I’m just back from three weeks collecting ferns in New Caledonia.
For a place so close to New Zealand (shorter flight time than to Australia), I knew very little about New Caledonia. I expect that is true for many New Zealanders, and it presumably reflects our very different cultures, not least being the language difference (French predominates in New Caledonia, and English* in New Zealand).
New Caledonia is not an independent country but a special collectivity of France. Nouméa, its largest city, is like a piece of France transplanted to the tropical Pacific. The original Melanesian character is perhaps most strongly retained in the (north-)east.
Funded principally by a grant from the USA’s National Science Foundation, our collecting expedition was led by Matt von Konrat (Field Museum), Blanka Shaw (Duke University), and Louis Thouvenot, who was our guide and translator (none of the others in the expedition had been to New Caledonia before or spoke French, although Juan’s Spanish was useful on many occasions). The main goal was to collect Frullania liverworts, but we variously collected mosses, liverworts, and lichens – these are all small plants that are often neglected. I was invited along to collect ferns.
New Caledonia is home to about 270 ferns and lycophytes. That’s more than New Zealand, despite a land area less than 10%. About 35% of New Caledonia’s ferns and lycophytes are endemic (i.e., only found there), which is very high for a tropical Pacific island. However, the last comprehensive account is from 1969, and it is clear that much revision is needed. A reflection of this is that there are (at least) two species of new tree fern needing scientific description. During the three week expedition, I made 232 collections, of at least 160 different species. These include new species, new records for New Caledonia, and rediscoveries (species not recorded for a long time).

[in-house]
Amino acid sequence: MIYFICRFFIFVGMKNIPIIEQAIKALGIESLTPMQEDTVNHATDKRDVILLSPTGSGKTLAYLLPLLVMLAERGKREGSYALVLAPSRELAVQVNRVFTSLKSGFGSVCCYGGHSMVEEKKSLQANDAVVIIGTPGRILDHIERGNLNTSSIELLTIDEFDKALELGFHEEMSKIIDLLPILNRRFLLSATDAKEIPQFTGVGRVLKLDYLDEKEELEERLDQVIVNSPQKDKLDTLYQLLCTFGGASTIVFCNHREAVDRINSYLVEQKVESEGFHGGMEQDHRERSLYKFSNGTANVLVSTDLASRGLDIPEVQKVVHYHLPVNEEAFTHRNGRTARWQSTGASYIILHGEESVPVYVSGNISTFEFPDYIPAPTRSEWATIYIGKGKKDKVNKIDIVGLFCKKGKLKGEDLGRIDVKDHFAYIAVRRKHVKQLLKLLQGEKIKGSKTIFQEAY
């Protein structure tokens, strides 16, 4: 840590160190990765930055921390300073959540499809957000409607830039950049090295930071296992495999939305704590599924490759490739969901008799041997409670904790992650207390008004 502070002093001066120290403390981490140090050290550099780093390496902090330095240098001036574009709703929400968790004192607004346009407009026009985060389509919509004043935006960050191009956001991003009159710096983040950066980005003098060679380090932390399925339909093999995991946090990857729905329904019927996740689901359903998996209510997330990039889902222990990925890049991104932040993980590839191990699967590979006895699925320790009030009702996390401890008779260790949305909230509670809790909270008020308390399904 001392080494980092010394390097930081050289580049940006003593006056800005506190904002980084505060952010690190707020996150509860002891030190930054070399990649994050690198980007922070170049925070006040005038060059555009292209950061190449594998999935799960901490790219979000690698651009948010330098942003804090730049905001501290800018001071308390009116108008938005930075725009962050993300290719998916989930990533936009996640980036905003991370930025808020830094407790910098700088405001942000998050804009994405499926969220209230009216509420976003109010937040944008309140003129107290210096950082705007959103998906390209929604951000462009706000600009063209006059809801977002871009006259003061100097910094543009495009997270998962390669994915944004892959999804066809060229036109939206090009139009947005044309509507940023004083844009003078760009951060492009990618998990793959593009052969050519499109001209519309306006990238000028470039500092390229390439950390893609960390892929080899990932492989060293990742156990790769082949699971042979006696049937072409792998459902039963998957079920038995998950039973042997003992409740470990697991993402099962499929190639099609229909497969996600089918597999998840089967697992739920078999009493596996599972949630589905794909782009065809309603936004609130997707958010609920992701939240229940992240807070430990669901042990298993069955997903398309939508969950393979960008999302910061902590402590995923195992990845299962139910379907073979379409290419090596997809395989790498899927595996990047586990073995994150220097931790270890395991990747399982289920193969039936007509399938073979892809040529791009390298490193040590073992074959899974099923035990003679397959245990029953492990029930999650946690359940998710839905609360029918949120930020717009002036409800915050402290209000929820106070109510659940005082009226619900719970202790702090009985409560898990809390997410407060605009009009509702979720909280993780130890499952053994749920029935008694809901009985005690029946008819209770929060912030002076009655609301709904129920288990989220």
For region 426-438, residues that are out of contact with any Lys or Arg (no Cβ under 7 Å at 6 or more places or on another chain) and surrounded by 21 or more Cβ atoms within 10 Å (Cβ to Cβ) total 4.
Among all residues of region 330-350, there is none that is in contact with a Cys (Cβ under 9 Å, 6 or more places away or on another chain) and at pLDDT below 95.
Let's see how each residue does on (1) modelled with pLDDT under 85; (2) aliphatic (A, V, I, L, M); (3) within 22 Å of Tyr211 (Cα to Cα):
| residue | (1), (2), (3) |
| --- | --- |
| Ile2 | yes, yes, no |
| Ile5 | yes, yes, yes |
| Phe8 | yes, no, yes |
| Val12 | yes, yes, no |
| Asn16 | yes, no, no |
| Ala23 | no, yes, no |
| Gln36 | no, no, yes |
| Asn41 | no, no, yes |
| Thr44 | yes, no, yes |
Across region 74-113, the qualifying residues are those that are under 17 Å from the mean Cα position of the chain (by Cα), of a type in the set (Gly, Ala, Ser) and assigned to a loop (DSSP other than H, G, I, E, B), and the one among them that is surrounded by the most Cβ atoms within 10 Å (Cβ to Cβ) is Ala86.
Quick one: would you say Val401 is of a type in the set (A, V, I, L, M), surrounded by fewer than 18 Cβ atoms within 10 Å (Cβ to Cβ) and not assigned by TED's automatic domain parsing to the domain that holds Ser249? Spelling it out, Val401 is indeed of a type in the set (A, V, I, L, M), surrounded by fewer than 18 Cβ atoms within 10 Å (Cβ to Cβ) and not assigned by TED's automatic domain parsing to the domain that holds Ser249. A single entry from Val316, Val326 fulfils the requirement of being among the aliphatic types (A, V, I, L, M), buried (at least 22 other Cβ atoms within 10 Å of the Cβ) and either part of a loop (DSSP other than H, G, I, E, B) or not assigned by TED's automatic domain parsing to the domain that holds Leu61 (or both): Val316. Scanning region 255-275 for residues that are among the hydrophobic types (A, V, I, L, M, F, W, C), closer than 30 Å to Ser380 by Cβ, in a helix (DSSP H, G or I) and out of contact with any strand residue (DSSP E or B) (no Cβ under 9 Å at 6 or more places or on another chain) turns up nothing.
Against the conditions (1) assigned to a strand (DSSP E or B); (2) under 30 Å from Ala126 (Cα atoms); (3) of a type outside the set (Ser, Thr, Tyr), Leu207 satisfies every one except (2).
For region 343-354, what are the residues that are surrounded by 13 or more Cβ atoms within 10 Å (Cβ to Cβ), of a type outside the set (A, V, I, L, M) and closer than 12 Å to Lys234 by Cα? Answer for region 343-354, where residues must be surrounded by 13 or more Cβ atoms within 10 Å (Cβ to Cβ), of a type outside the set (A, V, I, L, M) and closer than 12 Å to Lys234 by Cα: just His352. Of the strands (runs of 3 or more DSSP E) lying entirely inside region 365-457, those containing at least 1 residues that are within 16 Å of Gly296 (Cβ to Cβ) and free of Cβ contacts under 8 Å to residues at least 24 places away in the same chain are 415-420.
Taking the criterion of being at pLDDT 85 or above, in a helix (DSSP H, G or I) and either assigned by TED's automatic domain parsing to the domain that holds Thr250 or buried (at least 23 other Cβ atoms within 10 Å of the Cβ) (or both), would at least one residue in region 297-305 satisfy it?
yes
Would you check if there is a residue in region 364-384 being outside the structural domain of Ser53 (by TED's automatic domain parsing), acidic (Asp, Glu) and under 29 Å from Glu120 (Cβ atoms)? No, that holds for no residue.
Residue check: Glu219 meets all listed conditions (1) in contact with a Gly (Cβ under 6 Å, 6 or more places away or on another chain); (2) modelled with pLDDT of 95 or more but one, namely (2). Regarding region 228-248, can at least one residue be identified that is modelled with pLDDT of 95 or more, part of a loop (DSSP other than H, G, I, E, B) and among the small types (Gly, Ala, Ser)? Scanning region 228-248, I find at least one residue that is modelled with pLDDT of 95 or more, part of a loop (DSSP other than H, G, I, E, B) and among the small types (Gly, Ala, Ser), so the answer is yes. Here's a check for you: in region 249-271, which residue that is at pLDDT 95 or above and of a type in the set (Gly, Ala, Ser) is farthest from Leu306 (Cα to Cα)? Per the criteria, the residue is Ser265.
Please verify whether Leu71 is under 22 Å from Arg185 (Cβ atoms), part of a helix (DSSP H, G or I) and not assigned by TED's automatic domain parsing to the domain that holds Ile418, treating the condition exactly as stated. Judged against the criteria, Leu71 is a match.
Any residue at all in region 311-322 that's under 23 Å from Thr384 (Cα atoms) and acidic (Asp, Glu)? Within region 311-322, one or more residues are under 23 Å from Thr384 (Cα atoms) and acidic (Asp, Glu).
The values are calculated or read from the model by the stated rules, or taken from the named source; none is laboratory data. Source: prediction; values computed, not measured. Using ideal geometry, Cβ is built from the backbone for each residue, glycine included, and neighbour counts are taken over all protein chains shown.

Te Papa’s updated checklist of Fiji’s ferns, which I hope to replicate for New Caledonia.
In coming days I’ll post about some of the plants I saw, particularly, of course, the ferns.
The expedition couldn’t have been the success it was without the assistance of many, especially Louis Thouvenot, as well as the Nouméa herbarium, the government land managers, the Kanak land owners and guides, and our contacts at Dayu Biik, Conservation International, and Société Calédonienne d’Ornithologie.
* I can note that the so-called ‘English’ speech of the two (monolingual) New Zealanders was constantly belittled by the other members (all multilingual) of the expedition, none of whom spoke English as a first language. Matt and I weren’t sure what to make of this.